Creating law can be a messy affair. And this is why legislators invented the “clean-up” bill.
And that is exactly what Gov. Phil Murphy is insisting on, to fix what his office said is a “drafting error” in the two landmark pieces of legislation to legalize recreational marijuana that have been languishing on his desk since Dec. 17.
Though the bills have been years in the making, it was only when they were passed and were sent to his desk that he realized they didn’t address something he believed was important — specifying penalties for minors who possess cannabis. Not until a third, clean-up bill is drafted and passed addressing that issue, he insisted, would he sign the other two.
So instead of tweaking the current bill, both houses of the Legislature are working on a third piece of legislation.
The Assembly posted its version Monday that would remove all criminal penalties for those under 18 found in possession of marijuana, though they could be subject to counseling or community service. Those between 18 and 21 would be subject to fines starting of between $250 and $500, instead of criminal charges. The Senate was still drafting its version of that bill Tuesday.
The bill is scheduled for committee hearing in both houses Thursday, and then a floor vote on Monday.
Fix ‘unintended consequences’ later
“We understand the need to discourage minors from using marijuana, and a structure with fines is better than one with criminal consequences,” said ACLU-NJ Executive Director Amol Sinha. “That said, we are concerned that these fines are too high, especially for those in lower-income communities, and we want to make sure this isn’t another back-door pathway into the criminal justice system. … Meaning what happens if someone can’t pay the fine? Will they be arrested? We should avoid any such entanglement with the criminal system, and commit to fixing unintended consequences along the way.”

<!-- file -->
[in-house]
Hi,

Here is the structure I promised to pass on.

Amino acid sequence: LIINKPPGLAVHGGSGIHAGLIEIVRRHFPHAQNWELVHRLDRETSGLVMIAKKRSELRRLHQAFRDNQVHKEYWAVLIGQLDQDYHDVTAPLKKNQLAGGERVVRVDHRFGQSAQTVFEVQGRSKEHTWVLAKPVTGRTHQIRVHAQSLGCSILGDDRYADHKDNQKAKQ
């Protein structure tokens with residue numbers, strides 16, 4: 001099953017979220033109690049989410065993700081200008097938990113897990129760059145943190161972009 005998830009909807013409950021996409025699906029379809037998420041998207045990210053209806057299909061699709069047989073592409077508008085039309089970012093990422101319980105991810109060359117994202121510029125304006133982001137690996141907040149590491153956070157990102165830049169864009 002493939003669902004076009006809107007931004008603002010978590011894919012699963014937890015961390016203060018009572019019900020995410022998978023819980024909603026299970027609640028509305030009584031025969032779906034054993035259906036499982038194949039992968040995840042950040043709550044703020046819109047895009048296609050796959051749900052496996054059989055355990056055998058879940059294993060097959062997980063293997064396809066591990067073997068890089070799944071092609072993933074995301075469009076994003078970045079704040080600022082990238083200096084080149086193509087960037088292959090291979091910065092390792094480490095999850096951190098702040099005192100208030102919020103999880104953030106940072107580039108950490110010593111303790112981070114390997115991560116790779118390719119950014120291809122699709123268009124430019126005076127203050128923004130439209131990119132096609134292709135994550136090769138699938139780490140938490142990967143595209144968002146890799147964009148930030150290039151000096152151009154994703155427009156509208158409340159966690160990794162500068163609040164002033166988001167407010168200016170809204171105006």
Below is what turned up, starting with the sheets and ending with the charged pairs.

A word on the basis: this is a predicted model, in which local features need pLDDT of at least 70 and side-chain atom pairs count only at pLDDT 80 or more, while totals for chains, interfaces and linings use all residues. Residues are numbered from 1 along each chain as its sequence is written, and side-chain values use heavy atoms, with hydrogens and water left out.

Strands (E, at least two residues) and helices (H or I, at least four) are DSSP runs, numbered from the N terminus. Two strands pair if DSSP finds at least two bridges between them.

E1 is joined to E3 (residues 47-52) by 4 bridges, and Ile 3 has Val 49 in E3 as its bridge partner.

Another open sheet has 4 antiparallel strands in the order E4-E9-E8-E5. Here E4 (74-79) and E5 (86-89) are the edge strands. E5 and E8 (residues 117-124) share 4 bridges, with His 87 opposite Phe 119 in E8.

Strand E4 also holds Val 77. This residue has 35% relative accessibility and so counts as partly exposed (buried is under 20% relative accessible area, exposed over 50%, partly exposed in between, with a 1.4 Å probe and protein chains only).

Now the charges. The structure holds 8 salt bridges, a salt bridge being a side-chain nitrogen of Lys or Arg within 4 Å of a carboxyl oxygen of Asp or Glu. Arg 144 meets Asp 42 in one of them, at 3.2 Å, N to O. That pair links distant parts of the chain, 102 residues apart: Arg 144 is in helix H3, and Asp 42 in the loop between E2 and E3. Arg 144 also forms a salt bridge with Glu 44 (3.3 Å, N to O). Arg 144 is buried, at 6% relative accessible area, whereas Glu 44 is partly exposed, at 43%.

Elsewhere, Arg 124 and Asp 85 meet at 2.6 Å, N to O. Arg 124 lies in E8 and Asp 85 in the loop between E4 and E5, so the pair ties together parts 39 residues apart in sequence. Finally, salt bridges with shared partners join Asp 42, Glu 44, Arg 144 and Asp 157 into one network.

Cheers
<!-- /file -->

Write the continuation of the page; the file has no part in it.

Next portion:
Asked Tuesday when the Senate version of the new legislation will be finalized, Sen. Nicholas Scutari, sponsor of the legalization bill, said, “sometime between now and Thursday morning.” Scutari said lawmakers in the upper house want to make one final tweak, adding language that would create a mechanism to insure that there would be no arrest record for a minor caught with cannabis.
Asked if he thinks the bill will pass Monday, Scutari said he was optimistic, and predicted it would not be the last clean-up bill: “I’m sure there will be more changes this year and next. More scenarios will come up.”
According to several Trenton insiders, the governor’s form of legislative negotiation is peculiar, to say the least.
“Never in my many years in state government have I heard of passing a clean-up bill before the bill they want to clean up has been signed into law. If it ever has happened, it’s exceedingly rare,” said Carl Golden, whose political career dates back to the 70s as a former political reporter, press secretary for Gov. Thomas Kean in the 80s and now as a senior analyst at Stockton University’s Hughes Center for Public Policy. “The way this is normally handled is with a conditional veto by the Governor, followed by consultation with legislative leaders to amend a bill.”
Long and winding road
The path to legalize adult-use marijuana has been long and tortured.
Scutari (D-Union) first proposed legislation in 2017. But the bill went nowhere because then-Gov. Chris Christie was adamantly opposed. But in 2017, Murphy was elected governor and promised to legalize weed in his first 100 days in office.
Scutari dusted off his bill, but the Legislature was unable to muster up enough votes. So, instead, they decided to put it to the voters in the form of a constitutional amendment. That passed by a 2-1 ratio in November.
The bill was dusted off again. It became two bills: one to legalize and establish a regulated industry for adult-use recreational marijuana, and a second to decriminalize possession of marijuana in amounts under six ounces.
But over the past two months, the bills were abruptly pulled over a number of objections voiced by lawmakers and social-policy advocates. Finally, it appeared all differences had been resolved, and both houses passed the two bills on Dec. 17.
It was shortly after that when the governor’s office identified what they called “a drafting error,” and demanded the changes regarding minors.